10 things you should know about this week
Wednesday, Aug. 28
WFPK Waterfront Wednesday
Waterfront Park (Big Four Lawn)
Free; 6 p.m.
Summer’s heading in to its last movement, so take advantage of the sun tonight and enjoy one of Waterfront Wednesday’s best offerings of 2013. Local soul man Justin Paul Lewis opens the show at 6 p.m., followed at 7:30 by one of the finest singer/songwriters operating today, the very English Laura Marling. Often compared to Joni Mitchell, Marling is 23 and has already issued four albums of mature-beyond-her-years material. While she offers a quieter, more contemplative set, final act Sons of Fathers bring a Texas take on the timeless, harmony-driven folk-rock familiar to fans of The Byrds or the Avett Brothers. As a whole, the bill offers a diverse representation of what public radio has to offer. —Peter Berkowitz
Through Aug. 29
‘Beyond’ by Eric Phagan
Tim Faulkner Gallery
943 Franklin St. • 389-0347
“As a child, I remember being interested by things I couldn’t fathom,” says Eric Phagan. “I created my own stories by creating images to help me understand and remember the way things were as I saw them. I have always been interested in the unusualness of the objects that surrounded me, an unusualness that is not commonly seen as beauty.” That’s the way Phagan became an artist, by dissecting his world. His new exhibition, “Beyond,” shows that he’s still doing that, as well as taking it a step further by trying to understand the afterlife. To see his paintings, drawings and sculpture, rush down to the Tim Faulkner Gallery by tomorrow — the closing reception is from 6-10 p.m. The gallery is also showing new wall sculpture by Kerri Meringer. —Jo Anne Triplett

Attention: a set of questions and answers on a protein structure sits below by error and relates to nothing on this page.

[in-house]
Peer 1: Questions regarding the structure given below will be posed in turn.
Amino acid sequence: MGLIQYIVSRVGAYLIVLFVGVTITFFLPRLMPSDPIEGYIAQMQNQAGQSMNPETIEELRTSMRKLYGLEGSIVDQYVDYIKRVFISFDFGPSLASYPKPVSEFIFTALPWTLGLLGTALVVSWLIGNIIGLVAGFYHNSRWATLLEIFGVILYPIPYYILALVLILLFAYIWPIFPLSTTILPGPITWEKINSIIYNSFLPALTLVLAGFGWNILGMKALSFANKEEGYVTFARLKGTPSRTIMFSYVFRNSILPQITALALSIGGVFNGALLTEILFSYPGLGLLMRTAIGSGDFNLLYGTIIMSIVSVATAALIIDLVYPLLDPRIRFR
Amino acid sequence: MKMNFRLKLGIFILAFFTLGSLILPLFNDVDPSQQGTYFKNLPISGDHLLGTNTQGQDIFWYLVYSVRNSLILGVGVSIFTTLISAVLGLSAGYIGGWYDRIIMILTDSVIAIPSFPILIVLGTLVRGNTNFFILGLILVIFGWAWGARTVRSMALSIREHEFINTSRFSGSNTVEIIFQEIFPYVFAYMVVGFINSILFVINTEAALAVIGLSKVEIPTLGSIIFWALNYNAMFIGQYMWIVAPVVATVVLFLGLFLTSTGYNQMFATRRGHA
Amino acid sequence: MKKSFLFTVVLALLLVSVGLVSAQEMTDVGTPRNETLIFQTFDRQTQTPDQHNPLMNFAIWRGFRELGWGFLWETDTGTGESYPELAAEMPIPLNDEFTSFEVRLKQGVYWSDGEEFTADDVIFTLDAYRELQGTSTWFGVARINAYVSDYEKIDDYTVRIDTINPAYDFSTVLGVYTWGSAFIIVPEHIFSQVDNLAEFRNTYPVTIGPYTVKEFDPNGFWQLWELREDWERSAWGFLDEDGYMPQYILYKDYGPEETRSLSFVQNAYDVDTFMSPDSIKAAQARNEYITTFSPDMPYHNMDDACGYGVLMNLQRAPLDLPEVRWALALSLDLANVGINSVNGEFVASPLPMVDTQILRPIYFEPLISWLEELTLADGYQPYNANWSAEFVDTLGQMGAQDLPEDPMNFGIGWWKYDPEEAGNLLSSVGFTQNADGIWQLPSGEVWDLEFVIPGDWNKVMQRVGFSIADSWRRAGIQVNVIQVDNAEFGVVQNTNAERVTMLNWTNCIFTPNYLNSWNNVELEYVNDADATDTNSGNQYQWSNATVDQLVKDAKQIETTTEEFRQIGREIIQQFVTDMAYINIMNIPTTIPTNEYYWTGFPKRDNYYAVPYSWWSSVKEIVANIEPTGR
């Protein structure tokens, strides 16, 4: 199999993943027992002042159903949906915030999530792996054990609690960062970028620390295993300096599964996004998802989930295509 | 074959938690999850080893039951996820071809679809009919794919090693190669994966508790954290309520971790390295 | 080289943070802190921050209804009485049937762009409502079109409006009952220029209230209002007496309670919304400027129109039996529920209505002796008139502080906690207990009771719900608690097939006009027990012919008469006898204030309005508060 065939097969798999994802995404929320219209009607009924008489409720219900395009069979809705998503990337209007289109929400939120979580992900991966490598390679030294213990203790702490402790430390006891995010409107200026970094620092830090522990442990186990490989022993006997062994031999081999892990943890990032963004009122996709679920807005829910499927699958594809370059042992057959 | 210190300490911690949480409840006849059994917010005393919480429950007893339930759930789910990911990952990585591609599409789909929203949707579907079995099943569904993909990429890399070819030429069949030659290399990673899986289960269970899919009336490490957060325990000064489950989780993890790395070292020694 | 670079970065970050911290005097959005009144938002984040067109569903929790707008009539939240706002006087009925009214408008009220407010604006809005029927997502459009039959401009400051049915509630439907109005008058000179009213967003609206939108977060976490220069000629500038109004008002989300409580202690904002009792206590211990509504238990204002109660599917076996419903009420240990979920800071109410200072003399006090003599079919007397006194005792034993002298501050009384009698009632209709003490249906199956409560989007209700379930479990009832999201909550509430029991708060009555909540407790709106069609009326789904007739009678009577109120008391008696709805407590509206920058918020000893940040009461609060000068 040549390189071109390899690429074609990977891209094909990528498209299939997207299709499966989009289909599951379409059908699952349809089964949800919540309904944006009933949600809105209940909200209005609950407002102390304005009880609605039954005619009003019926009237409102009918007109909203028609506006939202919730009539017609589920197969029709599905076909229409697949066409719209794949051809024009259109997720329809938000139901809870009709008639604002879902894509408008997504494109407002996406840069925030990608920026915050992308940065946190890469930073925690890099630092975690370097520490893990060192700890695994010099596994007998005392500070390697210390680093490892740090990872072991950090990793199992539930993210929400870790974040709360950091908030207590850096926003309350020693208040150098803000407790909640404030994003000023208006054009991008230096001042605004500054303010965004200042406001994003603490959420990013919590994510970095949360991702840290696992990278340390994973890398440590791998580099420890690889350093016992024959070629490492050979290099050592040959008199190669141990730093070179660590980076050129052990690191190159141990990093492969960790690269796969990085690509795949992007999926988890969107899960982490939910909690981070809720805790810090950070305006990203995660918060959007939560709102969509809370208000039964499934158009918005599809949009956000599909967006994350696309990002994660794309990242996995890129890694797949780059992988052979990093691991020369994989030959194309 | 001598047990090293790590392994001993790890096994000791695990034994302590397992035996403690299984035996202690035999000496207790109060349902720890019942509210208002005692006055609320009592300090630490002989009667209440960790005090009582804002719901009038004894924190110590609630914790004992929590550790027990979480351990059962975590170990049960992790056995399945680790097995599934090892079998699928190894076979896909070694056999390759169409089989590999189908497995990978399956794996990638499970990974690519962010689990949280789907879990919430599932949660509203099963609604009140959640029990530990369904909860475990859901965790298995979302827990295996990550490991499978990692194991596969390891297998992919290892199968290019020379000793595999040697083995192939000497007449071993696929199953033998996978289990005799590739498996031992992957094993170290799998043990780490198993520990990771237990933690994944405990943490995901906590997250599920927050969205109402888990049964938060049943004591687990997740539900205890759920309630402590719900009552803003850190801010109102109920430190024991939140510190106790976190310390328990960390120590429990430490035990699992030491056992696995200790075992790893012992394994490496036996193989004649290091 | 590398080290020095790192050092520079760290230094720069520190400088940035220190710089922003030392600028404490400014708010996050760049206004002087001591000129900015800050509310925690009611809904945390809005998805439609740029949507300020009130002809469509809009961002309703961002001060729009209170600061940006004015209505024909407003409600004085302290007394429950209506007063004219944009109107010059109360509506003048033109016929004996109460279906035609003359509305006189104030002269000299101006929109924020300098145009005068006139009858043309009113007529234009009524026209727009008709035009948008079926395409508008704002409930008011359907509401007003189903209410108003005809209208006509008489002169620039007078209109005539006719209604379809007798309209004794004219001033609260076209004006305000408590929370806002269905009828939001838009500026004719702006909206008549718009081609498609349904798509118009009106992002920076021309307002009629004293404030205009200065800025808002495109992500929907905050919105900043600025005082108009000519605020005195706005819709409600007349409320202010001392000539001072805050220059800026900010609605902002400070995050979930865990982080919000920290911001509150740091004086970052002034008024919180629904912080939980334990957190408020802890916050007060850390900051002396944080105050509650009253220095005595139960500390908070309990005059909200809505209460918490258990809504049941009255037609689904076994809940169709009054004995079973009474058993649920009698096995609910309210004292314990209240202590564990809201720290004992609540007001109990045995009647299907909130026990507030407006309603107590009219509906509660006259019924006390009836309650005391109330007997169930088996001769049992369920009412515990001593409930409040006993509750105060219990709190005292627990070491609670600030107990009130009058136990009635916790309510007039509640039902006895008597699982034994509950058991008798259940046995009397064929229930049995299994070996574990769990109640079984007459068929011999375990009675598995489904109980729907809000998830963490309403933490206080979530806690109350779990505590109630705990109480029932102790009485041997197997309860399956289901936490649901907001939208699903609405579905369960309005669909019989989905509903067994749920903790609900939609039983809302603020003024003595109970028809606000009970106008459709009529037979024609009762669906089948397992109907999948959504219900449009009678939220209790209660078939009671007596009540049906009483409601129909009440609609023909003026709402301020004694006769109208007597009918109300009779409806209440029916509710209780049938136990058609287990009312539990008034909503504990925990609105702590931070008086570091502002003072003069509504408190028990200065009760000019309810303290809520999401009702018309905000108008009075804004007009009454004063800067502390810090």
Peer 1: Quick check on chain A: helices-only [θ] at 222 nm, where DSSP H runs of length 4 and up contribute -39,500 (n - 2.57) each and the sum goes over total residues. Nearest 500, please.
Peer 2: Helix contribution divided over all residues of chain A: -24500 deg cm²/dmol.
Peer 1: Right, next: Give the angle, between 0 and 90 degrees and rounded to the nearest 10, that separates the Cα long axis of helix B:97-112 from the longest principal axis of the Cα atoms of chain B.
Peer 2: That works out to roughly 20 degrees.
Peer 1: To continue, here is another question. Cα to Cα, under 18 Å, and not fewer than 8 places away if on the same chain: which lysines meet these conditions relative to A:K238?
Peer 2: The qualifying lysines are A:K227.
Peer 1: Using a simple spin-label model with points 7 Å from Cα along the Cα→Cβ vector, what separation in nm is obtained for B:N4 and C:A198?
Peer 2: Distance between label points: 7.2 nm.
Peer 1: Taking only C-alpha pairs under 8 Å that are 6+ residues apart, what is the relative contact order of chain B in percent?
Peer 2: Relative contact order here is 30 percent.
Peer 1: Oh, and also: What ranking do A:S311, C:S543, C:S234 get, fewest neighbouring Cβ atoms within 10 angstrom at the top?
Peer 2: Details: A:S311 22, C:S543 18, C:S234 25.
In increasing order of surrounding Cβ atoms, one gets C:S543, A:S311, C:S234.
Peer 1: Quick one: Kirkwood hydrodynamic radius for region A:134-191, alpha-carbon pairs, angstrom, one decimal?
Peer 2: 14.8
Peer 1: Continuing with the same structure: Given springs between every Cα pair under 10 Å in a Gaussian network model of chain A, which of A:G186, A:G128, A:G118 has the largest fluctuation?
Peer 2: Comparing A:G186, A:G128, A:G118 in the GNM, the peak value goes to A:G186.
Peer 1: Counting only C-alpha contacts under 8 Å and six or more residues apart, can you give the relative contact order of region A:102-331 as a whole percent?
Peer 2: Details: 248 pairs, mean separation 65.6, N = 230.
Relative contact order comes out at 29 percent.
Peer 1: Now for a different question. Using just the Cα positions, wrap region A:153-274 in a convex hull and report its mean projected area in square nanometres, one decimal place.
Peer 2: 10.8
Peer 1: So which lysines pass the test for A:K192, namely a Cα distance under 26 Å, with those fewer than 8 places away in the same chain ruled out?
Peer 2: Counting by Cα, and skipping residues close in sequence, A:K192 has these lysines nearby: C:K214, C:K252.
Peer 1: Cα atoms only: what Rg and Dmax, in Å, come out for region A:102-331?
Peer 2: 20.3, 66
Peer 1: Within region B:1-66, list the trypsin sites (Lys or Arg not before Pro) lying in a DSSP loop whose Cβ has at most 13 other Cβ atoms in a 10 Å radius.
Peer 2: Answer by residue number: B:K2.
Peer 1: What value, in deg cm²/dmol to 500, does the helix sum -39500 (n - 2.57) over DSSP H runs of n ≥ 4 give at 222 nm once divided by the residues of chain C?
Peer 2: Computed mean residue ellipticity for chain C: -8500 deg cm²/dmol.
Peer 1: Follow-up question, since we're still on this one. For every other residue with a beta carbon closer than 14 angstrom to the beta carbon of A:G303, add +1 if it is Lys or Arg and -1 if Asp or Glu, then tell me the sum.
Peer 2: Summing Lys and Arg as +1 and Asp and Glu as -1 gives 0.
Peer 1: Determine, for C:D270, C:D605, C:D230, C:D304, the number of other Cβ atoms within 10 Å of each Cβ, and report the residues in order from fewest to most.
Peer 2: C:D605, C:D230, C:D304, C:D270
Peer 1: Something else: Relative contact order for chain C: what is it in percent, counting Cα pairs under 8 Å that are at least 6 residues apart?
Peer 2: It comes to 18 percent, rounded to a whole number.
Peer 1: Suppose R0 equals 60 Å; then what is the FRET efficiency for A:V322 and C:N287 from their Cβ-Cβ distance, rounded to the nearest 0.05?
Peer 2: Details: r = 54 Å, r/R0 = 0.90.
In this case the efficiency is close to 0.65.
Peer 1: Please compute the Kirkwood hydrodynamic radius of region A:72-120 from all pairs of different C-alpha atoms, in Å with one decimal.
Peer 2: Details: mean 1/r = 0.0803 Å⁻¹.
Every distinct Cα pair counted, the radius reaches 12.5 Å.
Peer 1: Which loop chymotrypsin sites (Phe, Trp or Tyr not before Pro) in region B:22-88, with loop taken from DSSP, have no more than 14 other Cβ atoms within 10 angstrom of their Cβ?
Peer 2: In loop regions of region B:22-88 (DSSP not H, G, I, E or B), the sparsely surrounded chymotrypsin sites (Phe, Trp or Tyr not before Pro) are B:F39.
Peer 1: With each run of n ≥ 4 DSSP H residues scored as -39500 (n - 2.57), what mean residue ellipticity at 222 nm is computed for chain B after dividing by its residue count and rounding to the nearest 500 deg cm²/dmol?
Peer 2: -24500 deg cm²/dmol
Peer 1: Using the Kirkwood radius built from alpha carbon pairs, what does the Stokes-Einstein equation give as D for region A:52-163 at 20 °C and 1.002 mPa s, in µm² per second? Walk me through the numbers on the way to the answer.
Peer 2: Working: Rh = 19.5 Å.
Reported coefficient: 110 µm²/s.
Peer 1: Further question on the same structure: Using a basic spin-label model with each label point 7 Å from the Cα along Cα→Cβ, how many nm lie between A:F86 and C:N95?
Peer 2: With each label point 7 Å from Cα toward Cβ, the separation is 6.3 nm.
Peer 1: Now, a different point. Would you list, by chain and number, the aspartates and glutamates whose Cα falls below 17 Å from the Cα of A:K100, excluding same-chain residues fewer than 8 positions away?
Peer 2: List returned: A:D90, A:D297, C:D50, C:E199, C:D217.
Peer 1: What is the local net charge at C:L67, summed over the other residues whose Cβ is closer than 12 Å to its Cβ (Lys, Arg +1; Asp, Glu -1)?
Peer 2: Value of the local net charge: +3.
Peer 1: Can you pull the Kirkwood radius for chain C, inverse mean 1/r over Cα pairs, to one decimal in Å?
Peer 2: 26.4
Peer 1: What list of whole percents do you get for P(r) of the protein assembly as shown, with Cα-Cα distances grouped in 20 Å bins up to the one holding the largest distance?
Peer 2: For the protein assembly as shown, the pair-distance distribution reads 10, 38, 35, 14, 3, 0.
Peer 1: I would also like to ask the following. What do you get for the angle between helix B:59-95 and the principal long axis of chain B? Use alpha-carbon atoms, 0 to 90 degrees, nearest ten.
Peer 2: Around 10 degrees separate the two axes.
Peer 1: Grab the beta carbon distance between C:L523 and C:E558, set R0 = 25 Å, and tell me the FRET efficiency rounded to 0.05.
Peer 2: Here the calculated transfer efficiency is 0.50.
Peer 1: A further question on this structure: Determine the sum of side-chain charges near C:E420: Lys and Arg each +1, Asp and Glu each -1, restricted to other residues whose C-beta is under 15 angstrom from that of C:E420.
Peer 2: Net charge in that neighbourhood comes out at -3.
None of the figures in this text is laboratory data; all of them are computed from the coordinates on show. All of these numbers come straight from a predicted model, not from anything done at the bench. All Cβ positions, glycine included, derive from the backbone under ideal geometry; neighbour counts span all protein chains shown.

Thursday, Aug. 29
The Back Door & Monkey Wrench
Free (donations accepted); 6 p.m.
The living dead will once again rule the Highlands when the Zombie Attack returns for its ninth year. Things get started with a pre-attack party at The Back Door (1250 Bardstown Road) that will feature a showing of “Return of the Living Dead,” which is set in Louisville. At 8:29 p.m., the Zombie Attack begins as participants make their way to The Monkey Wrench (1025 Barret Ave.). The festivities continue with a costume contest, music by Squeezebot, OK Zombie, Vice Tricks, Bibelhauser Brothers, and a performance by the burlesque troupe Va Va Vixens. Can a zombie be sexy? This year, organizers are asking for help raising one-third of the operating budget for Zombie Attack, so have your donations as accessible as your fake blood. —Michael L. Jones
Thursday, Aug. 29
2227 S. Preston St.
$6; 7 p.m.
A trendsetting Louisville-raised musician, an MFA-level professor, author and prolific collaborator, David Grubbs has done a lot. At this intimate Greenhaus performance, Grubbs says hi to the old neighbors while promoting his latest solo album, this spring’s The Plain Where the Palace Stood; it’s his latest version of “pop” music (as opposed to his more academic and avant-garde other works). Though one can never be sure what to expect from the multi-faceted artist, assume there will be fancy guitar fingering on display, alone worth the price of admission. Opening act Visiting Nurse is a new local group (including LEO contributor Syd Bishop) inspired by the IDM/electro synthetic sounds of acts like Boards of Canada. Also remember to buy some plants and/or couches in between sets. —Peter Berkowitz
Friday, Aug. 30
Roadkill Ghost Choir
2100 S. Preston St.
$8-$10; 9 p.m.
“For fans of My Morning Jacket” has the been press release tag line for Roadkill Ghost Choir this summer, which might go toward explaining why they’ve played here three times this summer already. Whether or not MMJ fans (a large and diverse group, considering how that band has evolved over 14 years) are on board, the poetically named RGC are back to win us over, one at a time (the door-to-door tour surely comes later). The Orlando-area sextet came together in 2010, inspired by Dylan, Gram Parsons, Wilco and Fleetwood Mac — and Radiohead and Nirvana, to complicate matters — and have pledged to keep rock music alive, with a return visit to Zanzabar in October already scheduled. —Peter Berkowitz
The Bald Soprano
The Bard’s Town